“Procure employment.” These two words are something every artist and manager (and possibly others acting on behalf of an artist) should be aware of. In 1978 the Talent Agency Act was passed in California which required that any person acting as an artist’s agent be licensed. Most importantly, these laws broadly defined those who act as agents as those who “procure employment” for another. Also important is the repercussions for those who violate the Talent Agency Act (TAA).
One of the most famous of these cases is the 1996 case of the musical band the Deftones versus their former manager, Dave Park. Dave Park had sued the Deftones for failure to pay earned commissions. In return, the Deftones filed a complaint with the California Labor Commissioner regarding Park’s violation of the TAA. The Labor Commissioner’s investigation found that Park had violated the TAA on 84 occasions by procuring employment without a license. The result? All commissions earned by Park in relation to the Deftones was disgorged and returned to the Deftones and all management agreements were cancelled.
This hasn’t been the only instance where the TAA has caused headaches for managers though. Matthew Katz, the former manager of Jefferson Airplane, forfeited more than $12,000,000 resulting from his violation of the TAA. Other sizable cases can be found in almost every corner of the entertainment industry from music, to movies, to theater.
From the above examples, you would think that managers across the board would be inclined to attempt to keep their distances from any kind of activity that could potentially violate the TAA. But, that’s not necessarily the case. The roles of managers between industries are very much the same, yet vastly different, depending on the industry.
In the motion picture and television industry, the role of a manger is more confined to that of how the role of the manager is defined. The manager will look after the day-to-day operations, ensure that all of the projects are lined up and running smoothly, and make sure that all of the jobs that the agent had obtained for you are on your calendar and ready to go.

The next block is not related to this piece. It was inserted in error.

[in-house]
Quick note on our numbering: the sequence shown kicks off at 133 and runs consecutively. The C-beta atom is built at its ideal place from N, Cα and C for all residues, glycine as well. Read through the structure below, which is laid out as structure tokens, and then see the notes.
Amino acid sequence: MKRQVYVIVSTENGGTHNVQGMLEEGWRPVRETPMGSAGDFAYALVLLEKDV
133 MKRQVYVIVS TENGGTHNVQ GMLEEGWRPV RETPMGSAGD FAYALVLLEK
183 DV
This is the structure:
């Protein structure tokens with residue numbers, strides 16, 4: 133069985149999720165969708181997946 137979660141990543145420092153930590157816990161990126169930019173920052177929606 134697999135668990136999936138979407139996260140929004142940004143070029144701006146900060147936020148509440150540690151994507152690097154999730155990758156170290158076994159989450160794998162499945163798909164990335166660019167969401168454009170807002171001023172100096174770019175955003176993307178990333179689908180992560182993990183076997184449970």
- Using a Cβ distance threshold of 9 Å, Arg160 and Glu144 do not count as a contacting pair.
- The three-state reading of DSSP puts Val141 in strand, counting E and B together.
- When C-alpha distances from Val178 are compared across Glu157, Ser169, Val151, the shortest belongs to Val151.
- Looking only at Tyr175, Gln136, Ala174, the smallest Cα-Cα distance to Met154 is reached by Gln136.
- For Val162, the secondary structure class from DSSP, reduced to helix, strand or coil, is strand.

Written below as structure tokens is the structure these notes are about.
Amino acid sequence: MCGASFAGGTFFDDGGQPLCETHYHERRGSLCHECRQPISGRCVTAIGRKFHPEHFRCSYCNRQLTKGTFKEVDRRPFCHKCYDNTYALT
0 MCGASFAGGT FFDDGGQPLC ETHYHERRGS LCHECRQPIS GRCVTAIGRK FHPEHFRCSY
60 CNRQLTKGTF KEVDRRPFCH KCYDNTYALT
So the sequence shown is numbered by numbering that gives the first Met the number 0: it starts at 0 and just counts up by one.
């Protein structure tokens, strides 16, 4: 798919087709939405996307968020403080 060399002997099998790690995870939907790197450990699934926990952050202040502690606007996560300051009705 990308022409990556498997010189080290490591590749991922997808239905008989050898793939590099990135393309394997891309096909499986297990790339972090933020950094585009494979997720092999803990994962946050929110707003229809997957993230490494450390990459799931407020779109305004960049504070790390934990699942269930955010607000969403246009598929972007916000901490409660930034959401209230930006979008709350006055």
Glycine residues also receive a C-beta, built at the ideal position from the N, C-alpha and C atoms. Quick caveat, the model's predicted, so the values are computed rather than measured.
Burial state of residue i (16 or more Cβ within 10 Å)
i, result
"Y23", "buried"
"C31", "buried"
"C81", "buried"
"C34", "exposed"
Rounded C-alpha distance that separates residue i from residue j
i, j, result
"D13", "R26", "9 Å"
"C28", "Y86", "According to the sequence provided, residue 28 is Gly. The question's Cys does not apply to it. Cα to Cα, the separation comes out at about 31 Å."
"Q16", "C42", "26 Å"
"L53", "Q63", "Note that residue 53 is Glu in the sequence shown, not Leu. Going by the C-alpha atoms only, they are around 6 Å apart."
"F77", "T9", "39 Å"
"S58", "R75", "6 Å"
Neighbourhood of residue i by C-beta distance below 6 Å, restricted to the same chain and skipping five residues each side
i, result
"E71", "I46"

In the music industry, the role of the manager can sometimes be a bit more blurred. Your manager will do similar tasks such as ensuring that your recording projects are lined up and going smoothly, but from time to time, a manager may be able to book you a gig or an appearance. Although this seems to be within the normal realm of a manager’s duties, you can see why “procuring employment” could be as simple as booking a gig for your client or arranging an appearance where the client gets paid (autograph signing, product sponsorship, etc.).
So, after all the problems that the TAA can cause a manager, you may be asking yourself, why don’t these managers just obtain a Talent Agency license to make it so that they don’t have to deal with these sort of problems? In many instances, companies may offer both managerial and agency services and may be equipped with the necessary licenses. But for the most part, it is usually a pretty good bet that your manager does not also simultaneously have their agency license.
California has enacting somewhat strict guidelines and regulations for agents to be licensed (http://www.dir.ca.gov/dlse/talent_agency_license.html). Although not prohibitively expensive or complex, the process is somewhat costly and lengthy enough to deter your average manager from also pursuing an agency license without having a legitimate agency business to run.
So where does this leave you? Well, if you are on the talent side, you can rest assured knowing that the law is usually on your side when it comes to keeping your team compliant with the law. On the management side, you need to walk a thin line in providing your services to your client to ensure that you do not run afoul of the TAA.
For more information on the Talent Agent Act or for assistance in a matter related to the TAA, give us a call at (424) 442-9243. All consultations are complimentary and confidential.